by Lucy-Claire Saunders, Bai Jie
UNITED NATIONS, June 25 (Xinhua) -- The inability to secure funding for low-income countries is the most unfortunate development to come out of the ongoing United Nations conference on the financial crisis, said Martin Khor, the head of an influential think tank of developing countries, here on Thursday.
"This is the greatest deficiency, that there was no decision made to give concrete financing to countries that are now facing major problems," Khor of the South Center told Xinhua in an exclusive interview. "This, everybody knows, and this was the weakness of the conference."
The South Center, based in Geneva, is an intergovernmental organization and think tank of developing countries.
Developing countries had put forward certain proposals at the conference, which opened on Wednesday at the UN Headquarters in New York, to get financing, but they were not exactly embraced by developed countries like the United States, Europe and Japan, said Khor, who is an economist from Malaysia.
In particular, the Group of 77 (G77) argued for 100 billion in Special Drawing Rights (SDRs) at no cost, which, Khor said, did not seem unreasonable as the Group of 20 (G20) key economies in the world had previously made a commitment of 250 billion U.S. dollars in SDRs.
However, from that G20 commitment, only 25 to 30 billion dollars made it to low-income countries, while 80 billion dollars will go to the developed countries because the allocations were made on quotas and not on need, said Khor.
The G77 proposal, along with several others, was rejected during the negotiations over the draft document to be voted on by the 192 countries of the General Assembly on Friday.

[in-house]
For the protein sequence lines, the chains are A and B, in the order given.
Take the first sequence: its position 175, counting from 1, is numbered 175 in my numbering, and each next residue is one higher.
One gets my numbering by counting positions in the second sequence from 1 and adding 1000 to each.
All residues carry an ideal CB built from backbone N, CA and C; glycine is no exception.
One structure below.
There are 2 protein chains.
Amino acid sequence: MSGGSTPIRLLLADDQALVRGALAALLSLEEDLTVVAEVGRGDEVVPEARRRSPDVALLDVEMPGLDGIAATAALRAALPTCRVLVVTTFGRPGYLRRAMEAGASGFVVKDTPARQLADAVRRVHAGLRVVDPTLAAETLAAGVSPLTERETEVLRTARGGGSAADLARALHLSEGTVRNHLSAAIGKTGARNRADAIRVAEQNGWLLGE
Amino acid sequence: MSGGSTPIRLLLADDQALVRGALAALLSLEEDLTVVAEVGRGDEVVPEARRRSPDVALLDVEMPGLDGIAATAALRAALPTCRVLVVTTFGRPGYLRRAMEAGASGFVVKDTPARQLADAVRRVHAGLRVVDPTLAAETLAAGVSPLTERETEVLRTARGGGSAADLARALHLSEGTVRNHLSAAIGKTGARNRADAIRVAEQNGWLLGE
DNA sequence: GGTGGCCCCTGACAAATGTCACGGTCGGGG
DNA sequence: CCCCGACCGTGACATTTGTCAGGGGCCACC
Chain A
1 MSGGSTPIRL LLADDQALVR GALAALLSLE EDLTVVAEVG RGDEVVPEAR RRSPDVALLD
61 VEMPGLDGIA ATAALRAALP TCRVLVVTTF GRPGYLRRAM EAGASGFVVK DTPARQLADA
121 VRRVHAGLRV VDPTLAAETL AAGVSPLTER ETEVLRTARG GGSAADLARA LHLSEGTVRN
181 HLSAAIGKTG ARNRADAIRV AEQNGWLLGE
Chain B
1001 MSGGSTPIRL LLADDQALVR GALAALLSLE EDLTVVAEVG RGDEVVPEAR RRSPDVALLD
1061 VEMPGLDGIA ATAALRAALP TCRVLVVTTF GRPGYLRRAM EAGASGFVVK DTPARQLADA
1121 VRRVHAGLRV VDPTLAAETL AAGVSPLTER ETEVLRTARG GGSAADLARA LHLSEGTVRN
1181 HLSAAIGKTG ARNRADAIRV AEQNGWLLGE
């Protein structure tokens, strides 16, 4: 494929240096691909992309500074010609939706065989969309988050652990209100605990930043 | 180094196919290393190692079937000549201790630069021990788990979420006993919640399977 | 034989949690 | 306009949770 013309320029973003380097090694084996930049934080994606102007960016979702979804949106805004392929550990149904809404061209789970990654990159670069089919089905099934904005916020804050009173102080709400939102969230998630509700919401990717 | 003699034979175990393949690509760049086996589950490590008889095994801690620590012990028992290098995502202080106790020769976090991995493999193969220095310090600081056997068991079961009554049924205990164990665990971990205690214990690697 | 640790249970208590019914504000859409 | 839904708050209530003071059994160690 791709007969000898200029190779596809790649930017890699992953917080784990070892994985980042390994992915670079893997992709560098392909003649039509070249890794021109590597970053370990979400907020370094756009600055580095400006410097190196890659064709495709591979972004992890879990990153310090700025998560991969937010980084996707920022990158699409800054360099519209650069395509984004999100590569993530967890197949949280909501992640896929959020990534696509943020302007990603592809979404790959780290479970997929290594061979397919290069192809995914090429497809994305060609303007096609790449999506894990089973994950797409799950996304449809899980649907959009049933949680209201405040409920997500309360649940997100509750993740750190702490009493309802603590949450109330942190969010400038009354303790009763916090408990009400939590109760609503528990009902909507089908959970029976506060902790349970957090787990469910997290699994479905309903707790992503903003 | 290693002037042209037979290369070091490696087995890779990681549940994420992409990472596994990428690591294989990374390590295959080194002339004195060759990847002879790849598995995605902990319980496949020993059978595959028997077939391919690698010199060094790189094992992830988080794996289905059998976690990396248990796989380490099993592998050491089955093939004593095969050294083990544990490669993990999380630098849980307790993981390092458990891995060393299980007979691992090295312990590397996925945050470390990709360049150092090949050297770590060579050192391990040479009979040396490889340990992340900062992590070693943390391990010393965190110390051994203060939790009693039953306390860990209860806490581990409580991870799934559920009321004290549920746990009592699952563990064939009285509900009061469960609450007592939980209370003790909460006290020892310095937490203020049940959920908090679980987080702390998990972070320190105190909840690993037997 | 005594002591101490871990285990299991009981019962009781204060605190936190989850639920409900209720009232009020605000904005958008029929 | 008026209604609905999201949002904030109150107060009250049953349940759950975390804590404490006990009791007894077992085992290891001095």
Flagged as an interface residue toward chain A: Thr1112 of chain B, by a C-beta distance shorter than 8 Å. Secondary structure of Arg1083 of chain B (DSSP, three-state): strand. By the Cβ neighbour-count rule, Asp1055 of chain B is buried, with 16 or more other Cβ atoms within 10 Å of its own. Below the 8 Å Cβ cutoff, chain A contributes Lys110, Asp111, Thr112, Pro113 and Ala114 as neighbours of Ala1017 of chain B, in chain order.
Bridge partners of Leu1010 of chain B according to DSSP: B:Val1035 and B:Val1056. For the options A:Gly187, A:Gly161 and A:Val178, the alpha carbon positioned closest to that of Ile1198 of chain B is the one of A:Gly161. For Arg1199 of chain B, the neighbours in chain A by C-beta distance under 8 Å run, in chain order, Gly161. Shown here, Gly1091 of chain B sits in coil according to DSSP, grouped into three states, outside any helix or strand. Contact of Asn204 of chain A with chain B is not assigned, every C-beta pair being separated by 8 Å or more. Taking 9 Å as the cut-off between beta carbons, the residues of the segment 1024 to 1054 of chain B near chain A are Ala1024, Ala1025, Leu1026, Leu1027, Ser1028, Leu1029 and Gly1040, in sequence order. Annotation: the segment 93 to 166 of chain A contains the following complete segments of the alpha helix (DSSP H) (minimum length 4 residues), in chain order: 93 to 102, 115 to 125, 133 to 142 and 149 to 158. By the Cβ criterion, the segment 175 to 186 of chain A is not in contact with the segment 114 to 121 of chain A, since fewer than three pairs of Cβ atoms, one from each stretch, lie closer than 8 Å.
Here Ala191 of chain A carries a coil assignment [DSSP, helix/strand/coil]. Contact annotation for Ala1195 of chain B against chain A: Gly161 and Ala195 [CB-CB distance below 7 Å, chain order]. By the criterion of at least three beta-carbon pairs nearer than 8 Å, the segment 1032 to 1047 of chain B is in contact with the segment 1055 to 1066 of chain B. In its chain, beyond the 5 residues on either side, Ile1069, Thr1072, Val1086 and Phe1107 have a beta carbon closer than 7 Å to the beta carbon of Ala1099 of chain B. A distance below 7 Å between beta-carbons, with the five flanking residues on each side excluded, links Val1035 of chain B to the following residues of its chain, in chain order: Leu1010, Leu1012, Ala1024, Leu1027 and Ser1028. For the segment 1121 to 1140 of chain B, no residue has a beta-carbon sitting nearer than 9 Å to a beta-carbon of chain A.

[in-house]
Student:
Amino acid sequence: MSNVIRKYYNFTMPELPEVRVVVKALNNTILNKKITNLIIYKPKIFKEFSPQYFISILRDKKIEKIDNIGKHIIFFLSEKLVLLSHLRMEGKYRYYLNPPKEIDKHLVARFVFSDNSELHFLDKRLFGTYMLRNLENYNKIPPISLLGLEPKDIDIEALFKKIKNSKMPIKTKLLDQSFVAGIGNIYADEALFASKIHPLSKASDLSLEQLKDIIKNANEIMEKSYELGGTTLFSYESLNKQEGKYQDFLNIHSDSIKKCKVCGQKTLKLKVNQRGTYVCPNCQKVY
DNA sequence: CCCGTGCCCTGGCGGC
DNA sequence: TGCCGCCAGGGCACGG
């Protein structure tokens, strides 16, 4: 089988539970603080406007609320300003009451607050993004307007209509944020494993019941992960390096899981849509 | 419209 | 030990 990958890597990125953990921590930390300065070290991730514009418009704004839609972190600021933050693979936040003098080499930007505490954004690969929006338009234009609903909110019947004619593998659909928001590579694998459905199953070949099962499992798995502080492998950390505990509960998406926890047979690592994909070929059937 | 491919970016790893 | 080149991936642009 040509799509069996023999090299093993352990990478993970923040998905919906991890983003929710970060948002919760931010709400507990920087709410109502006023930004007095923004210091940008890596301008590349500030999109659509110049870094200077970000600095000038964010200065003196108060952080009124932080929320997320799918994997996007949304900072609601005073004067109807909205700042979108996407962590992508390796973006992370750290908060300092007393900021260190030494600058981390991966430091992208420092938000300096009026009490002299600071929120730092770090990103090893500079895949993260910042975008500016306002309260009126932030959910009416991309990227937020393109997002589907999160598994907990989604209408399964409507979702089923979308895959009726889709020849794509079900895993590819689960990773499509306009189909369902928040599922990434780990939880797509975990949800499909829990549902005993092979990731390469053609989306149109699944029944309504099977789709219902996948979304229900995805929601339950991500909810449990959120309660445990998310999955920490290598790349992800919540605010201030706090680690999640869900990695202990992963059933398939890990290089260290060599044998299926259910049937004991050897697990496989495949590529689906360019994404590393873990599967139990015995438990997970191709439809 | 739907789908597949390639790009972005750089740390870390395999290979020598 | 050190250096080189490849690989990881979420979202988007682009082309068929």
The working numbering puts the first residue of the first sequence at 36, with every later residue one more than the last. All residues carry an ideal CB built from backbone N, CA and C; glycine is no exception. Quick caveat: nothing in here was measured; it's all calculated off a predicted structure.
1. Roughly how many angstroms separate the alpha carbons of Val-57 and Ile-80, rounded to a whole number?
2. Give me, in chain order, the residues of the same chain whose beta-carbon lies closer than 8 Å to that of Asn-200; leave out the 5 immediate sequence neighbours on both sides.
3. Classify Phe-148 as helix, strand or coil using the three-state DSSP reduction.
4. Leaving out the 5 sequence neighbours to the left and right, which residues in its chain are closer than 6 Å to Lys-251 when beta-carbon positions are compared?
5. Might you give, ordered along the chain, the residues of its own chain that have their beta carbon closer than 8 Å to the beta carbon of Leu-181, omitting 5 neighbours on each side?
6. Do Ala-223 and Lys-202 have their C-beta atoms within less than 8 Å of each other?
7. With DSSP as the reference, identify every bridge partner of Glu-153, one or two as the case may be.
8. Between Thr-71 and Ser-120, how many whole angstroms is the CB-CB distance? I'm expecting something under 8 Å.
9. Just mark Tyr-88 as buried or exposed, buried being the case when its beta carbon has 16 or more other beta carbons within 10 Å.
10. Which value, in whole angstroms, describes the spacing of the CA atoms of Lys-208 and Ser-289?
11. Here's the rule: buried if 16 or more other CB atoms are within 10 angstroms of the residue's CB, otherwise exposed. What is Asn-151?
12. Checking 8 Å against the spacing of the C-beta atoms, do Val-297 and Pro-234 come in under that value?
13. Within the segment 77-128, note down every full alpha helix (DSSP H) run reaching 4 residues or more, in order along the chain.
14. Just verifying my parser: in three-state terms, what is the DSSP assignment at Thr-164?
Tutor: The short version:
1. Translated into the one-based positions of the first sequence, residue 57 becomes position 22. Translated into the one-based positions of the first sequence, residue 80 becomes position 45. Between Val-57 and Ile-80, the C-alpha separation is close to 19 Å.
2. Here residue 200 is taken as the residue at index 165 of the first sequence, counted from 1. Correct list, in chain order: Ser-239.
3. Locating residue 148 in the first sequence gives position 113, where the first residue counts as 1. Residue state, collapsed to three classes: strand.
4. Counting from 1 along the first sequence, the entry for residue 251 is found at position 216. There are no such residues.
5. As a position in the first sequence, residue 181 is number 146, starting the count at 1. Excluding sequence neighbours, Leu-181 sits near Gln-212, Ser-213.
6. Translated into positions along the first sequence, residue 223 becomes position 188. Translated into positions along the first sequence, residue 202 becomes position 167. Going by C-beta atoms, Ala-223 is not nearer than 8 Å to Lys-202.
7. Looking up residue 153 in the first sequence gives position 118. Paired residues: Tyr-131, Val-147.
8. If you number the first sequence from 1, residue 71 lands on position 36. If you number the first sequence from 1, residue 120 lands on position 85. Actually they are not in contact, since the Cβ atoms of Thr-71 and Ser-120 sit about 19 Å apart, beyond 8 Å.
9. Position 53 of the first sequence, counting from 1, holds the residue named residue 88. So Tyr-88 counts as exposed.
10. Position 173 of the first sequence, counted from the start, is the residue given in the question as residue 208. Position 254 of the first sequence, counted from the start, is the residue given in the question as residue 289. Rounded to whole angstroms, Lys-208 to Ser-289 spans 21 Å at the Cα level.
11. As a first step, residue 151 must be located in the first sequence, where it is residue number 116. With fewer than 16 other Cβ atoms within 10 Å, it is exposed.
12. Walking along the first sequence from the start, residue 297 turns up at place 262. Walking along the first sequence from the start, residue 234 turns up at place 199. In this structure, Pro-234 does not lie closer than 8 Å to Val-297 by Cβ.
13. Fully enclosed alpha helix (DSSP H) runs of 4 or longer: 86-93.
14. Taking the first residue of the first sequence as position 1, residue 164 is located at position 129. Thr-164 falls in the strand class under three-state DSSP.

Khor, who observed part of the negotiations, said if financing was secured for low-income and middle-income countries, the conference would have had a "fantastic conclusion."
Used to promote South-South cooperation, the Geneva-based South Center put forward a report in early June on steps the international community could take to mitigate the devastating impact of the financial crisis on developing countries.
One such proposal, which has also been put forward by the International Monetary Fund, is to create an international debt arbitration system with debt standstill and the continuation of working capital to prevent countries that are in financial difficulties from falling into debt default.
Far from reaching a consensus on whether the United Nations should establish an international court for debt, diplomats have reached agreement on the outcome document. For example, it states that the international community will take measures to avoid a new debt crisis, although it doesn't exactly say how, Khor said.
But "the most important decision of this conference is the creation of a follow-up agenda," which will establish a working group to report back to the General Assembly on issues that were raised at the conference, he noted.
"Our hope is that after this conference is over, in the next few weeks, the General Assembly will establish the working group and get to work quickly in translating the good ideas and political direction ... into proposals for action," said Khor.
Special Report: Global Financial Crisis